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3D Printing, Cybersecurity Emerging Concerns for Device Manufacturers

As if the industry isn’t saddled with enough rules and regulations, new technologies like additive manufacturing and the domination of digital communication and information transfer mean additional considerations for medical device manufacturers.

In a recent Medmarc webinar, Anthony Strasius, an attorney and regional managing partner at Wilson Elser Moskowitz Edelman & Dicker LLP, discussed what he views as the top ten concerns for life sciences companies.

Should these top your list of priorities? No. In fact, some of these concerns might be integrated into your workflow already. As engineers and operations folks, though, it’s good to understand what regulators and legal teams are eyeing. We summarize three of these concerns below.

3D Medical Devices
Litigation risks surrounding 3D printing relate to the novelty of the technology and the changes that it brings to the manufacturing process.

“Are companies now going to be liable for the process as well as the product in different ways than they have in the past?” Strasius asks. “The short answer is likely to be yes.”

Thus, it’s critical to perform thorough testing of 3D-printed devices.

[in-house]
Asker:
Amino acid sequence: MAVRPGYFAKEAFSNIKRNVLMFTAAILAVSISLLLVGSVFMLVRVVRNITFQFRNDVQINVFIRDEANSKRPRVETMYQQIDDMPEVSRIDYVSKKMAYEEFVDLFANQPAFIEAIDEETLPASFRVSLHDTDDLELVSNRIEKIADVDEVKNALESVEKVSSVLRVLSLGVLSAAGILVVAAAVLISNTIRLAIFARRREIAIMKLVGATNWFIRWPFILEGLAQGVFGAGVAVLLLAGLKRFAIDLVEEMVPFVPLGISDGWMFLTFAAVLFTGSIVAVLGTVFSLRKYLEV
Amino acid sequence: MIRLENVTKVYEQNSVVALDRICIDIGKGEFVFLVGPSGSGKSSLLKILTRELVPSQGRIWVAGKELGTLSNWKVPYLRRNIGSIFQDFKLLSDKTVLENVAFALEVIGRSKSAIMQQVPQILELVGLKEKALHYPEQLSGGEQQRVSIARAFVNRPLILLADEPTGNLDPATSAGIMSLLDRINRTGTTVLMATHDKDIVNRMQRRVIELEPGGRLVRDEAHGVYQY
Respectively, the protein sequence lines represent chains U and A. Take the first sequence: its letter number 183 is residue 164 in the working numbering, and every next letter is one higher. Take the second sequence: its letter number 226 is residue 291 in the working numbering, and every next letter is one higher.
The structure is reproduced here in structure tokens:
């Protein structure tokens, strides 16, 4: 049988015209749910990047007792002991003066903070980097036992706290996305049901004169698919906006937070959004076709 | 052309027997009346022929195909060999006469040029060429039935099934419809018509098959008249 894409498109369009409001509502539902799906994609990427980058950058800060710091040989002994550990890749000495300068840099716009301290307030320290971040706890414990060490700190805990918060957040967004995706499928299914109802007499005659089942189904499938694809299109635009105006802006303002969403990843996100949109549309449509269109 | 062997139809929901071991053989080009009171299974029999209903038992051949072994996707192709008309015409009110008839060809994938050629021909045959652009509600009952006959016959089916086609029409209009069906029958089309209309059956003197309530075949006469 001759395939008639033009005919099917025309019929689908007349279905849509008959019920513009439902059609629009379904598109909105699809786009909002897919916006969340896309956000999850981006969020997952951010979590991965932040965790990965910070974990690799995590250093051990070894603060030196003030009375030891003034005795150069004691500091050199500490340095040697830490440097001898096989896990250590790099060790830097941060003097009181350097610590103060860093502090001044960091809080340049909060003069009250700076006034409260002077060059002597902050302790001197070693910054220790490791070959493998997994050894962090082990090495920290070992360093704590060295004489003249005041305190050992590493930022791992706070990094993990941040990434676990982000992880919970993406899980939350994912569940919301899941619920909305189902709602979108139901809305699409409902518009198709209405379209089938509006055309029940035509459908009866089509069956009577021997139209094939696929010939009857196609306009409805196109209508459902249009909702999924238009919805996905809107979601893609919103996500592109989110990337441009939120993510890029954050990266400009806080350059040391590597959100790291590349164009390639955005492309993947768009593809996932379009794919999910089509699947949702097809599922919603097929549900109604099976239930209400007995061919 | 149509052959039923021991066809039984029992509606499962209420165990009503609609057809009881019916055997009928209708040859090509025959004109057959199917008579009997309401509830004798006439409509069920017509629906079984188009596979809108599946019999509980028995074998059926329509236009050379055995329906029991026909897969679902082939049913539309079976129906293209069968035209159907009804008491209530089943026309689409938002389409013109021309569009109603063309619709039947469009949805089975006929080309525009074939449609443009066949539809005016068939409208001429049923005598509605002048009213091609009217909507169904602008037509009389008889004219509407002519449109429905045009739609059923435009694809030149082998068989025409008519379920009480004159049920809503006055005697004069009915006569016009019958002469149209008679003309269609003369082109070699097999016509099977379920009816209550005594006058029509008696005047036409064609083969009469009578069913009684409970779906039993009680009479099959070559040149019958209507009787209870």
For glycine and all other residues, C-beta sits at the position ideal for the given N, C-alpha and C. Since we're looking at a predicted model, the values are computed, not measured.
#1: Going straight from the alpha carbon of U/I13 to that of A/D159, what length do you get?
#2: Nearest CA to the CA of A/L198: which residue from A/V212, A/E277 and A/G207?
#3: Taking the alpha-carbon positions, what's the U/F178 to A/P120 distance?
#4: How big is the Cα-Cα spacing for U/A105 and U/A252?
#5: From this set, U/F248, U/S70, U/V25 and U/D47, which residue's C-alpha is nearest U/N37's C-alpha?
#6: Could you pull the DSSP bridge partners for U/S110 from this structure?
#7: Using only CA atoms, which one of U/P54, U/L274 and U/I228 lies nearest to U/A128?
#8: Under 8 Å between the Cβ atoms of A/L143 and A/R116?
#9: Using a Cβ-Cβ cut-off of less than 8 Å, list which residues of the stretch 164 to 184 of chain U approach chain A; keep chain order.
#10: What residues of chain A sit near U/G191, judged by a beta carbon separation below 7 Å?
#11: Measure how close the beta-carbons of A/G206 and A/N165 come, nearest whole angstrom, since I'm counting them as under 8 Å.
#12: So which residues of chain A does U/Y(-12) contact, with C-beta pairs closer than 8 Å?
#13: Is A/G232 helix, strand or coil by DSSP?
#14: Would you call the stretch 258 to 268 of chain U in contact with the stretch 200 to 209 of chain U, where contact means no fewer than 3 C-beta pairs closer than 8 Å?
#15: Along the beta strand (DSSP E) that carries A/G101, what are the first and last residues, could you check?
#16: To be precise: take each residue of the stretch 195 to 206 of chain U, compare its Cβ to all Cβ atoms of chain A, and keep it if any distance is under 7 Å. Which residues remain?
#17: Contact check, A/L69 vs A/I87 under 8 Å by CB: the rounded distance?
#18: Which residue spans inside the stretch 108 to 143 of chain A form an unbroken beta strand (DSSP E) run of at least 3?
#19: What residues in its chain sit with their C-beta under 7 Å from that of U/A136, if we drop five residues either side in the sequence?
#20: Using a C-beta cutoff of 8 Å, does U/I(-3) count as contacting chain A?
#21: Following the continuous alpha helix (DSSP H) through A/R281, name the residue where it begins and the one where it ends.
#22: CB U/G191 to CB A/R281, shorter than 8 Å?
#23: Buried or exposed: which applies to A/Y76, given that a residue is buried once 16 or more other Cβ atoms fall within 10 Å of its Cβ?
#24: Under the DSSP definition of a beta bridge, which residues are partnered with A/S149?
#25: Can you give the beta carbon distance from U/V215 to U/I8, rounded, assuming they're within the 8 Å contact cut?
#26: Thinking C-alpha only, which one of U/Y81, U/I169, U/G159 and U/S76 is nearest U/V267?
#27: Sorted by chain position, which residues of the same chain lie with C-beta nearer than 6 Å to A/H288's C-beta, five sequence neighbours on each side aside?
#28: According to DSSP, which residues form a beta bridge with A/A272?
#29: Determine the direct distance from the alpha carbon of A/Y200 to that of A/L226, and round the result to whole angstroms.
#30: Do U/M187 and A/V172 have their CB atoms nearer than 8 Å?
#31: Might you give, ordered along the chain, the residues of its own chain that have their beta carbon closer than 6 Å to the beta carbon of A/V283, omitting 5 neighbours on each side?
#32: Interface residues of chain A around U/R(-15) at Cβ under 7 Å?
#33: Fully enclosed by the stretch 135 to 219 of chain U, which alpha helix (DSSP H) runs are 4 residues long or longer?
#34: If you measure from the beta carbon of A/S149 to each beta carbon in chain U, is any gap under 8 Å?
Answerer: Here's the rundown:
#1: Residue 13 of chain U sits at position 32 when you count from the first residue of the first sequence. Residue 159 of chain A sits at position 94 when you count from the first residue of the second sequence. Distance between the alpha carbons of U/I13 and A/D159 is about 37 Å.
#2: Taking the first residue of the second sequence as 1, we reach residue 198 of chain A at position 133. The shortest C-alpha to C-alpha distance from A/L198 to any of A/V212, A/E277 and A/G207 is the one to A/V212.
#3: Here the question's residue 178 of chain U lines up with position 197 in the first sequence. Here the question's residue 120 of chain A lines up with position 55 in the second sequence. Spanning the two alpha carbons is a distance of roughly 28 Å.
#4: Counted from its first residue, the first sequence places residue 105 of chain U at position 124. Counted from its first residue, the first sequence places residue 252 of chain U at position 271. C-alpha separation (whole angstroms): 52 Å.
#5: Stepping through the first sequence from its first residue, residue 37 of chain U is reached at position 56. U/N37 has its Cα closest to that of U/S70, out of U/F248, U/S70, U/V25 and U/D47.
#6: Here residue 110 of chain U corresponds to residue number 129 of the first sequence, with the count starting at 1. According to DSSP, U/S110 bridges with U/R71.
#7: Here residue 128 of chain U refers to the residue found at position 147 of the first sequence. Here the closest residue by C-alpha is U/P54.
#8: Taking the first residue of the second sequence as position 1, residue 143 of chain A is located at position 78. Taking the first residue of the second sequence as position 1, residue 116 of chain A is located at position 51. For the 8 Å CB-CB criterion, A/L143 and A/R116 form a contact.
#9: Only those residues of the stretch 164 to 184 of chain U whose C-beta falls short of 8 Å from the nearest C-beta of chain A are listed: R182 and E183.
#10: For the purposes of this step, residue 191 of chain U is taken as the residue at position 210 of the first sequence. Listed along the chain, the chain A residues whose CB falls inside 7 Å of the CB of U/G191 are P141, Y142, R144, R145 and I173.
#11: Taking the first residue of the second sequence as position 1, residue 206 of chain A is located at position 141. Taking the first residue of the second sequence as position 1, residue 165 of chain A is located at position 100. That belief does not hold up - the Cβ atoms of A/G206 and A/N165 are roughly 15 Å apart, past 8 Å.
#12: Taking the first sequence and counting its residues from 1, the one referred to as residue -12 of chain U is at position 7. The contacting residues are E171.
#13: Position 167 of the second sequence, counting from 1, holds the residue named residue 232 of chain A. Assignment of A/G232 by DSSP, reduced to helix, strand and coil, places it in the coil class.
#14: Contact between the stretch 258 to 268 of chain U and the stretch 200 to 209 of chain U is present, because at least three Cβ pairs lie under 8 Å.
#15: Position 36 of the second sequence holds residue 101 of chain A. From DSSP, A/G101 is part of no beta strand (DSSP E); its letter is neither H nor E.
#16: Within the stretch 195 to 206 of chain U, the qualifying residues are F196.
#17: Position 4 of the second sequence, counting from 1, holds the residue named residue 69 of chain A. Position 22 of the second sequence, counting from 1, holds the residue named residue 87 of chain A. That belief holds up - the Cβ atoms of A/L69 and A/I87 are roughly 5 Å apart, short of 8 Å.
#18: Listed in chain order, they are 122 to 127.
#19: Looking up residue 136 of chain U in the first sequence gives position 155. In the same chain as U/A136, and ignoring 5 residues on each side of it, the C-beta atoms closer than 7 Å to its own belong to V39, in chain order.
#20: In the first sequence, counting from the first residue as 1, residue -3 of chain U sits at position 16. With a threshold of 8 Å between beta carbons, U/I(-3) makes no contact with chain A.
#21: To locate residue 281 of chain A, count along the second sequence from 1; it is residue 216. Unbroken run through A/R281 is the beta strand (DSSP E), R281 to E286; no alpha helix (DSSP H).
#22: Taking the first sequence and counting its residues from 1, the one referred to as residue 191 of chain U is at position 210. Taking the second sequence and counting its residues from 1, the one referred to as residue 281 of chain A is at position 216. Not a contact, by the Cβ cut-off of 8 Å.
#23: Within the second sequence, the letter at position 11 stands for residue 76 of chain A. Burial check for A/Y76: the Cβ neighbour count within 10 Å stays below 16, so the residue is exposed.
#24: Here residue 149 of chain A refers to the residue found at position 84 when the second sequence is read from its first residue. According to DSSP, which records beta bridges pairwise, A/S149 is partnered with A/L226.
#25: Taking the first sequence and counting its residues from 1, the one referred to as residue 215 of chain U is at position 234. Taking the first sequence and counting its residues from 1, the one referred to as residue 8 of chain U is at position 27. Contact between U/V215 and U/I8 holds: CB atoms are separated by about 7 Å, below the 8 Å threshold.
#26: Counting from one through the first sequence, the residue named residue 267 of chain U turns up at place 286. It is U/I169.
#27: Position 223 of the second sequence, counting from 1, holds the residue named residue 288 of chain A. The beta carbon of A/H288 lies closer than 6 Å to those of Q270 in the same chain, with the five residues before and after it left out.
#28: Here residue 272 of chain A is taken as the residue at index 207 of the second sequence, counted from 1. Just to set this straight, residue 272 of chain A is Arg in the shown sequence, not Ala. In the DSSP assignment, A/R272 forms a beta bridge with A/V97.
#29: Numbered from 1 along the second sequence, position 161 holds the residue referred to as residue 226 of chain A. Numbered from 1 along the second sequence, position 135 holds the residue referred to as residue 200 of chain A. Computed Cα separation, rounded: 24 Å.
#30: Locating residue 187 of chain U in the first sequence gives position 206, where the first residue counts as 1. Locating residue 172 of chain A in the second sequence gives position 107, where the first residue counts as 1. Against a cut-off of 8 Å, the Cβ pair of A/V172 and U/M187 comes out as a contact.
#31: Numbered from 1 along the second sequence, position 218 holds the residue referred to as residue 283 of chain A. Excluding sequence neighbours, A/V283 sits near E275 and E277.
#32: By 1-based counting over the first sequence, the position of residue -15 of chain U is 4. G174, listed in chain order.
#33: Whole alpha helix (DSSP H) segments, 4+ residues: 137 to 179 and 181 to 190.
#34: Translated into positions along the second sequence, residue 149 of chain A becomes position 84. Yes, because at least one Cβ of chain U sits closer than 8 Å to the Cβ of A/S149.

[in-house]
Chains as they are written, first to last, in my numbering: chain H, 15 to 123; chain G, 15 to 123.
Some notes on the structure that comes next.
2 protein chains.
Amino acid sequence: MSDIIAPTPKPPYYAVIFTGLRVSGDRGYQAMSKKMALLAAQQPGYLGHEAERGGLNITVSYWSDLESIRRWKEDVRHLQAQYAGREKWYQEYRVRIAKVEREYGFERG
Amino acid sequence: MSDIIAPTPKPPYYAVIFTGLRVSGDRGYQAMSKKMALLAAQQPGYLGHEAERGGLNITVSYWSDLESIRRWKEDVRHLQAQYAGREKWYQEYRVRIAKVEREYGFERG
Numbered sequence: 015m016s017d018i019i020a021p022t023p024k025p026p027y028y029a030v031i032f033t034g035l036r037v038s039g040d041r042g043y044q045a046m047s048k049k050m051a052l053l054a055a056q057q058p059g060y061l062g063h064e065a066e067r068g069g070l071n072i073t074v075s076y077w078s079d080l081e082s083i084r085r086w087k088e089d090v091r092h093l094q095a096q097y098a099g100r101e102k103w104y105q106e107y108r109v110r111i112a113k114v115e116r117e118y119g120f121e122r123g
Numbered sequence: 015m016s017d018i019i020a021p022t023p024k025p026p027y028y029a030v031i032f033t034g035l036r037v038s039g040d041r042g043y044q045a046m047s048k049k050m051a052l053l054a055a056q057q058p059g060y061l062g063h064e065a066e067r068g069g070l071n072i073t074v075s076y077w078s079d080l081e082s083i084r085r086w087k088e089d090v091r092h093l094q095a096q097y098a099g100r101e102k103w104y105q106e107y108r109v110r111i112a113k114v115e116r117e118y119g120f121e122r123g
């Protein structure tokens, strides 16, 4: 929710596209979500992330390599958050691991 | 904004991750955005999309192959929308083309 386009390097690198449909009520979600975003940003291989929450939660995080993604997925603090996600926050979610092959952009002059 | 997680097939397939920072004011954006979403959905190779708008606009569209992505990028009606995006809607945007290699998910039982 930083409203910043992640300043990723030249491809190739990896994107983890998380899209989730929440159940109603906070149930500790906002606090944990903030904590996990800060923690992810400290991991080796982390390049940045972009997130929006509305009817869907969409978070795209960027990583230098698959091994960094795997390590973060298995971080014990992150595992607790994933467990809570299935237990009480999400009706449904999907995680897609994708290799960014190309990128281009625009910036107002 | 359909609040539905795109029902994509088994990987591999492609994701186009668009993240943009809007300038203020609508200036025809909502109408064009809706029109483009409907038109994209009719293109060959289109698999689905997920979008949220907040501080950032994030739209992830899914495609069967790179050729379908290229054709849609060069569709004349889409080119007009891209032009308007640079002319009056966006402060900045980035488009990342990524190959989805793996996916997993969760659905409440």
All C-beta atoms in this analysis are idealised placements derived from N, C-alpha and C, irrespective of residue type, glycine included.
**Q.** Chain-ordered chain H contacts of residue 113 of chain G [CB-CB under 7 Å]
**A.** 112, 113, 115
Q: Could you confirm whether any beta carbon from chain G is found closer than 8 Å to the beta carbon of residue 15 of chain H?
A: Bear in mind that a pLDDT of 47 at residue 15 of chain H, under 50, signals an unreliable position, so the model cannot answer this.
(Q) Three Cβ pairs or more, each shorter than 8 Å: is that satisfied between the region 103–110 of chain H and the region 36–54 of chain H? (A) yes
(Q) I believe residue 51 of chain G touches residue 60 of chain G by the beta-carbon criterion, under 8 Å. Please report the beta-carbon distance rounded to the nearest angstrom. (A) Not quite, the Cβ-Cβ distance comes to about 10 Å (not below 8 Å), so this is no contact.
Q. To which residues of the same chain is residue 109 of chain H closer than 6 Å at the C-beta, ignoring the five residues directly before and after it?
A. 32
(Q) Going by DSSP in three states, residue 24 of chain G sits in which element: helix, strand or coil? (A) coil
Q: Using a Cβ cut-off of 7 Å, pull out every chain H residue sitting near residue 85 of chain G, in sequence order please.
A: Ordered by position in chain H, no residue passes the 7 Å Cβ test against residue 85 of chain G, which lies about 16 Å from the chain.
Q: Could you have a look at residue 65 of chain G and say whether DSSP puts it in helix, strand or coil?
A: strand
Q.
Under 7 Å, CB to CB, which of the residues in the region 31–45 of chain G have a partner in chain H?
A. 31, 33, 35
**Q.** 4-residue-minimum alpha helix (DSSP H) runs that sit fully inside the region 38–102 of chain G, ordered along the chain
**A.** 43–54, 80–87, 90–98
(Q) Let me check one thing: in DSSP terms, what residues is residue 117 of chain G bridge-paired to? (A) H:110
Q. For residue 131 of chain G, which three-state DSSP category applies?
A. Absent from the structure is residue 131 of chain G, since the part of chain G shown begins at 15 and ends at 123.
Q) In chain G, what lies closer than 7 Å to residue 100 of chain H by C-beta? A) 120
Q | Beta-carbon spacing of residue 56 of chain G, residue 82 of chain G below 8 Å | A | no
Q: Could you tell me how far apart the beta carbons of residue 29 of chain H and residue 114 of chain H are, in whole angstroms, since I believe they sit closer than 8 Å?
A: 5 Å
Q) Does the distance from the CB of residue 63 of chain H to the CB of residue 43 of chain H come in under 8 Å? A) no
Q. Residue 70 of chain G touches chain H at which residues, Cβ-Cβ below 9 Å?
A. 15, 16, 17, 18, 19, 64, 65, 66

Aspects of cost may arise as well. As more companies employ 3D printing, manufacturers may be accused of rushing products to market to save money on this newer manufacturing process. 

Data Cybersecurity and Medical Device Hacks
Various potential risks are associated with cybersecurity, such as security and privacy vulnerabilities, as noted by FDA. The Agency released its guidance, "Content of Premarket Submissions for Management of Cybersecurity in Medical Devices,” in October 2014, recommending that manufacturers consider cybersecurity risks as part of the design and development process of a medical device, and submit documentation about risks and ways to mitigate those risks.

FDA recommends that companies:

    1. Identify threats and vulnerabilities.
    2. Assess the impact of those on device functionality and end users.
    3. Assess the likelihood of a threat or vulnerability to occur.
    4. Determine risk levels and suitable mitigation strategies.
    5. Assess residual risk and risk acceptance criteria.

Actual hacks on medical devices are difficult to detect and prevent. “To protect a medical device from hacks, read FDA’s guidance, evaluate your company risk, adopt the risk management framework that you need and enhance security by increasing security education and awareness,” Strasius says.

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